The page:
Martin Shkreli was arrested and indicted in December on securities fraud charges involving improper practices between his former hedge fund and Retrophin, a pharmaceutical company he founded. Shkreli, a pharmaceutical executive and hedge fund manager, earned the ire of AIDS activists, politicians, and the public at large when he acquired the rights to and subsequently raised the price of a drug that treats a parasitic condition known as toxoplasmosis. According to reports, the price increase amounted to more than 55 times the previous price.
This matter concerns investors in a pair of hedge funds (the MSMB Funds) that Shkreli founded with a business partner. Shkreli later left those funds to found and take public a pharmaceutical company, Retrophin, Inc. (Retrophin), but not before leaving behind a series of personal claims against him from investors in the MSMB Funds. The complaint filed by the SEC alleges that Shkreli improperly used assets of his new pharmaceutical company to fund settlements with former MSMB investors. According to the complaint, "Shkreli made material misrepresentations and omissions to investors […] in [the MSMB Funds]" and "fraudulently induced Retrophin to fund settlements with persons who had claims against Shkreli arising out of their investments in [the MSMB Funds]." Shkreli allegedly perpetrated the fraud by issuing stock of Retrophin to disgruntled investors in the MSMB Funds and entering into consulting agreements with such investors or their proxies to conceal the true purpose behind these arrangements – to settle potential claims that those investors might assert against Shkreli.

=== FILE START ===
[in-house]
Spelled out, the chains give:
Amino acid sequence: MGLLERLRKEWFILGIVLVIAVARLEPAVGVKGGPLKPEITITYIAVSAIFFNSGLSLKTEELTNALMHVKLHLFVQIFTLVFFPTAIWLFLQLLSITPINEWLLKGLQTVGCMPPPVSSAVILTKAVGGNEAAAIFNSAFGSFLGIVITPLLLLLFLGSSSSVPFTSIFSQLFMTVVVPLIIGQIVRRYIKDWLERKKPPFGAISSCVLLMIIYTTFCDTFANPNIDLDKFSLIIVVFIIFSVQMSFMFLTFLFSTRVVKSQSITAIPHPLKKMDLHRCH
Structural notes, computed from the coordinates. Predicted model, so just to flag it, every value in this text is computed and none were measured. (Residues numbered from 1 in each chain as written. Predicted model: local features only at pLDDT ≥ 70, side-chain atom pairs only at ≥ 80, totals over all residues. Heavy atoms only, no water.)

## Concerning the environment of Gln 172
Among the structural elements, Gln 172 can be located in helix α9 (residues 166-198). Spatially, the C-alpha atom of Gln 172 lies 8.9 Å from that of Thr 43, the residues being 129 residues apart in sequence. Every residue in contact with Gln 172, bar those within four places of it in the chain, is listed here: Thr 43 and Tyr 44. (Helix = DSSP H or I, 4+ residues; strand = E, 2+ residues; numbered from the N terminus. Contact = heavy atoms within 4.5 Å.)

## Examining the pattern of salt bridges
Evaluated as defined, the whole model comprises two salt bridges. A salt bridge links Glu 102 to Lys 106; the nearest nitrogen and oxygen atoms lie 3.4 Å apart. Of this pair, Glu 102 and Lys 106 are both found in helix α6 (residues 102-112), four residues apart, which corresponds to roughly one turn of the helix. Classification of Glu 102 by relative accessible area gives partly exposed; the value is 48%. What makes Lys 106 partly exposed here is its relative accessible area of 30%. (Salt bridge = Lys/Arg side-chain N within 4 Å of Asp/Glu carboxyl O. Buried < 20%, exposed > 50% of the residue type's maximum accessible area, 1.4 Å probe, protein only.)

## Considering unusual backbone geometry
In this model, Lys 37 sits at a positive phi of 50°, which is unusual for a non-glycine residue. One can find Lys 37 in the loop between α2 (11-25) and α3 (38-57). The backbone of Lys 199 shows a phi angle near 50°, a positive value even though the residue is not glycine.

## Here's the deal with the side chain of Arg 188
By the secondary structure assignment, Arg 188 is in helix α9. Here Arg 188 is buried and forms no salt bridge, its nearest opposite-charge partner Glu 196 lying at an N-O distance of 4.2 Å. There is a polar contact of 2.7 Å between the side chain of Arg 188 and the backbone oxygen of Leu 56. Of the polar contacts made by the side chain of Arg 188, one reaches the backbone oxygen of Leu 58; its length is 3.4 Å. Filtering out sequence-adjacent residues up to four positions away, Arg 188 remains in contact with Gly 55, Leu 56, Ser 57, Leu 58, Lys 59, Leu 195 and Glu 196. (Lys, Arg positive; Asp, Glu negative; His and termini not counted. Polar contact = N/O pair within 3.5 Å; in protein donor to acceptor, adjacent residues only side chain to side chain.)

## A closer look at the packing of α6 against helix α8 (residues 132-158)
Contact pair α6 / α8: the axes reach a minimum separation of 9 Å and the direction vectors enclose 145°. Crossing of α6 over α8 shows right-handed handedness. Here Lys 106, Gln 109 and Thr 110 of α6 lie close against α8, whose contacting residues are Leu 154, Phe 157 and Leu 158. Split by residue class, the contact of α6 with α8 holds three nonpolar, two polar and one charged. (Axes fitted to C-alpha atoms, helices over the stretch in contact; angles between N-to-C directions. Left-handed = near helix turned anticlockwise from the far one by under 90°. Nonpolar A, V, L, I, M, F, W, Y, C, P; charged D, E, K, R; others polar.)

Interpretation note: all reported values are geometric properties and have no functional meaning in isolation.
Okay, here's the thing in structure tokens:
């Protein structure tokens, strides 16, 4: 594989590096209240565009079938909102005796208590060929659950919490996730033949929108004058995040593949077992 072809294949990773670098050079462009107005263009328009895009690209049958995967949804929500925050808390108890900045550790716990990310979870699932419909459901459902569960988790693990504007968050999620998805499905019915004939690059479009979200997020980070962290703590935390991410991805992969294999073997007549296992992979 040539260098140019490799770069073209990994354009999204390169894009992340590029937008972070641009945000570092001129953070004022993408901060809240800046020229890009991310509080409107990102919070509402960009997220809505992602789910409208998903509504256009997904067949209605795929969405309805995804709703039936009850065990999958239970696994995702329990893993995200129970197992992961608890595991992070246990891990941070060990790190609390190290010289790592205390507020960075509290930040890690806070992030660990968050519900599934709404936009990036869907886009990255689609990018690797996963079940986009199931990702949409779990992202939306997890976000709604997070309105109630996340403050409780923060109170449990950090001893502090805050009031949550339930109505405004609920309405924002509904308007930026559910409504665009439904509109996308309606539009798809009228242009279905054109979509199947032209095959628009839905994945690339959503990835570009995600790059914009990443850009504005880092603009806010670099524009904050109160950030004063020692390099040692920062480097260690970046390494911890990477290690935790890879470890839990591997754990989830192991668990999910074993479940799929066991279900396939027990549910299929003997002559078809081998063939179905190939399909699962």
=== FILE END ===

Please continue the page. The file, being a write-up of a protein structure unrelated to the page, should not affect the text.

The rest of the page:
This case highlights an area of focus for regulators – conflicts of interest. As fund structures continue to become more complicated, good governance, policies and procedures become increasingly important in managing conflicts and mitigating the associated risks.